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Death, Disease and Decay Imagery in Hamlet
Transcript of Death, Disease and Decay Imagery in Hamlet
Hamlet: No, faith, not a jot; but to follow him thither with modesty enough and likelihood to lead it; as thus: Alexander died, Alexander was buried, Alexander returned into dust; the dust is earth; of earth we make loam: and why of that loam, whereto he was converted, might they not stop at a beer-barrel (5.1.201-206)
Use of Imagery through Disease
Explanation of Imagery
Why do we use Imagery?
Shakespeare's use of Imagery
Argument 1: Death
Argument 2: Disease
Argument 3: Decay
Why do we use Imagery?
There are multiple reasons why we use imagery in our writing. You may be surprised how many times we find ourselves using imagery for example:
Death, Disease and Decay
Death, Disease and Decay Imagery in
What is Imagery?
Imagery means to use descriptive language to represent objects, actions and ideas in a way where it appeals to our physical senses.
Usually it is thought that imagery makes use of particular words that create visual representation of ideas in our minds. Imagery, to be realistic, turns out to be more complex than just a picture.
Images of madness parallel the sins of drunkenness, war, adultery, and murder, to reinforce the central idea that Denmark is dying.
To Hamlet the very air he breathes is "a foul and pestilent congregation of vapours." (2.2.13)
Hamlet himself is a victim of a deep melancholy that results in fits of mania
By: Jessica Brandiferri
The right image can help create the mood we want.
An image can suggest connections between two things.
An image can make a transition smoother.
We usually use images to show intention
In the play
Shakespeare uses imagery of death, disease and decay as a vital tool to develop the theme of corruption.
Death is present throughout the play, acting as if it were like a shadow to almost all characters.
We are shown the use of imagery of death through the following situations:
The image of death is introduced from the very beginning, in Act one when we are introduced to the Ghost of the old king Hamlet
Hamlet kills Polonius and sends Rosencrantz and Guildenstern to death
Ophelia commits suicide
Gertrude dies because she drinks from the poisoned cup
Hamlet speaks about his own death
Speaks about the death of Claudius
Hamlet dies at the end of the play
Use of Imagery
Marcellus: Something is rotten in the state of Denmark (1.4.90)
This quote occurs in scene one, act four. Marcellus says this after he has seen Hamlet follow the Ghost into the dark.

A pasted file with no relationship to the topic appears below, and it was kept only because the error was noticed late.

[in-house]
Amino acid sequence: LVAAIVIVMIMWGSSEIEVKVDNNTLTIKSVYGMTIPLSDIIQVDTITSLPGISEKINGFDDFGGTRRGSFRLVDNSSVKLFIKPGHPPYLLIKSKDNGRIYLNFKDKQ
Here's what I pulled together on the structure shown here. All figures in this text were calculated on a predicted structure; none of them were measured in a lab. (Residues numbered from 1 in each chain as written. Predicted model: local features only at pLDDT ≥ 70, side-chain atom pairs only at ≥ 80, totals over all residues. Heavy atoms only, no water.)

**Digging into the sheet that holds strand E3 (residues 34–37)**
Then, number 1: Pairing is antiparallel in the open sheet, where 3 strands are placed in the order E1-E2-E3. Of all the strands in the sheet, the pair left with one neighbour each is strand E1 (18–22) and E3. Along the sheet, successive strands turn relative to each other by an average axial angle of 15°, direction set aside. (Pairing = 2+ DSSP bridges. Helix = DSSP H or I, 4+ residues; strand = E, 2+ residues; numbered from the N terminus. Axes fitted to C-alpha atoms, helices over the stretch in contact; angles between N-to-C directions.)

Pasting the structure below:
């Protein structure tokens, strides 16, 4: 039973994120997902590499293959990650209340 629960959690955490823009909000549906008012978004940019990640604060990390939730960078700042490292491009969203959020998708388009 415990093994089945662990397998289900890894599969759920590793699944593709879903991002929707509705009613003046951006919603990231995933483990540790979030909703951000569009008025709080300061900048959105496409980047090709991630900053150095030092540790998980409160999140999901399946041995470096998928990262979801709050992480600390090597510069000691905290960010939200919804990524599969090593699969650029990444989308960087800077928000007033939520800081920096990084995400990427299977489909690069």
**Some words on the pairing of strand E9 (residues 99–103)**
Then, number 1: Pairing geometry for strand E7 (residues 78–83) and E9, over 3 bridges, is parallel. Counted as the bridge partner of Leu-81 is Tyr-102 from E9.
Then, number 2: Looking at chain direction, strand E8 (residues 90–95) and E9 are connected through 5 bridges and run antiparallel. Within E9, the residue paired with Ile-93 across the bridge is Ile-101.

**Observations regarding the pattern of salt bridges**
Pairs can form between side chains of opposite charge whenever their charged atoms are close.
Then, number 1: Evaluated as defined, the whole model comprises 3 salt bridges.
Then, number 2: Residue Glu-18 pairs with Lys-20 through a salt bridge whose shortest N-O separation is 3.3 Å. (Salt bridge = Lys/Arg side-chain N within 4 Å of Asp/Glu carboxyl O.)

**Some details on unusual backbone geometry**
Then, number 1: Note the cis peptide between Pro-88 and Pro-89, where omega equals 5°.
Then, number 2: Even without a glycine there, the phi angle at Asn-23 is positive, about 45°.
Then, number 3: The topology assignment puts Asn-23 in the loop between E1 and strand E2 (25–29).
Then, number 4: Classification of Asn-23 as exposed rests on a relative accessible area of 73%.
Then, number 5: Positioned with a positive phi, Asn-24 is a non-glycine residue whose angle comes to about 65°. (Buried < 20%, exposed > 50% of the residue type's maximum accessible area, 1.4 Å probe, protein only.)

This quote shows the imagery Shakespeare used through disease because Shakespeare weaves the theme of disease into every scene to illustrate the corrupt state of Denmark and Hamlet's all-consuming pessimism.
This quote is said by Hamlet in Act five, scene one while Hamlet is at the graveyard.
In this scene it shows how Hamlet views death and that he fears how no matter who you were or what you did that someday you too, will be at one with the earth and dirt only to become decayed, fed upon and then nothing.
Death can be the result of rotting and decay
In the first part of the play the atmosphere of corruption and decay is presented in a more general way
The Queen is also associated with idea of decay
The Ghost compares Gertrude’s sin to preying on garbage
Hamlet compares Gertrude’s second marriage to a ‘nasty sty’ (III, IV, 95)
This occurs in Act three, scene four in the bedroom scene.
He speaks of her sin as a blister on the ‘fair forehead of an innocent love’
He then goes on to explain that heaven’s face, he tells her, is ‘thought-sick’ (III, IV, 51)
The emotions are so strong all suggesting not only decay, but also disease
She has married Claudius, so her sense must be sickly
Hamlet: Takes off the rose from the fair forehead of an innocent love and sets a blister there (3.4.42-44)
William Shakespeare helps show the use of imagery in the play
through death, disease and decay in order to show us the greater theme of corruption.
Shakespeare's use of Imagery
Shakespeare relies on imagery to reflect and reinforce the themes he reveals
exhibits themes of madness and betrayal in which he uses imagery to paint a picture in the readers mind
"The imagery he instinctively uses is thus a revelation, largely unconscious, given at a moment of heightened feeling, of the furniture of his mind, the channels of his thought, the qualities of things, the objects and incidents he observes and remembers, and perhaps most significant of all, those which he does not observe or remember" (Caroline Spurgeon, 4)
"Shakespeare's Imagery and What It Tells Us." Google Books. N.p., n.d. Web. 04 Nov. 2014.
"IMAGERY OF DEATH IN HAMLET." Academia.edu. N.p., n.d. Web. 04 Nov. 2014.
"Themes, Motifs and Symbols." SparkNotes. SparkNotes, n.d. Web. 03 Nov. 2014.
"Shakespeare's Use of Imagery in Hamlet." Schoolworkhelper. N.p., n.d. Web. 04 Nov. 2014.
"Hamlet Navigator: Themes: Disease and Poison." Hamlet Navigator: Themes: Disease and Poison. N.p., n.d. Web. 04 Nov. 2014.
If Shakespeare did not use imagery through these 3 topics do you think the play would have the same affect on the audience?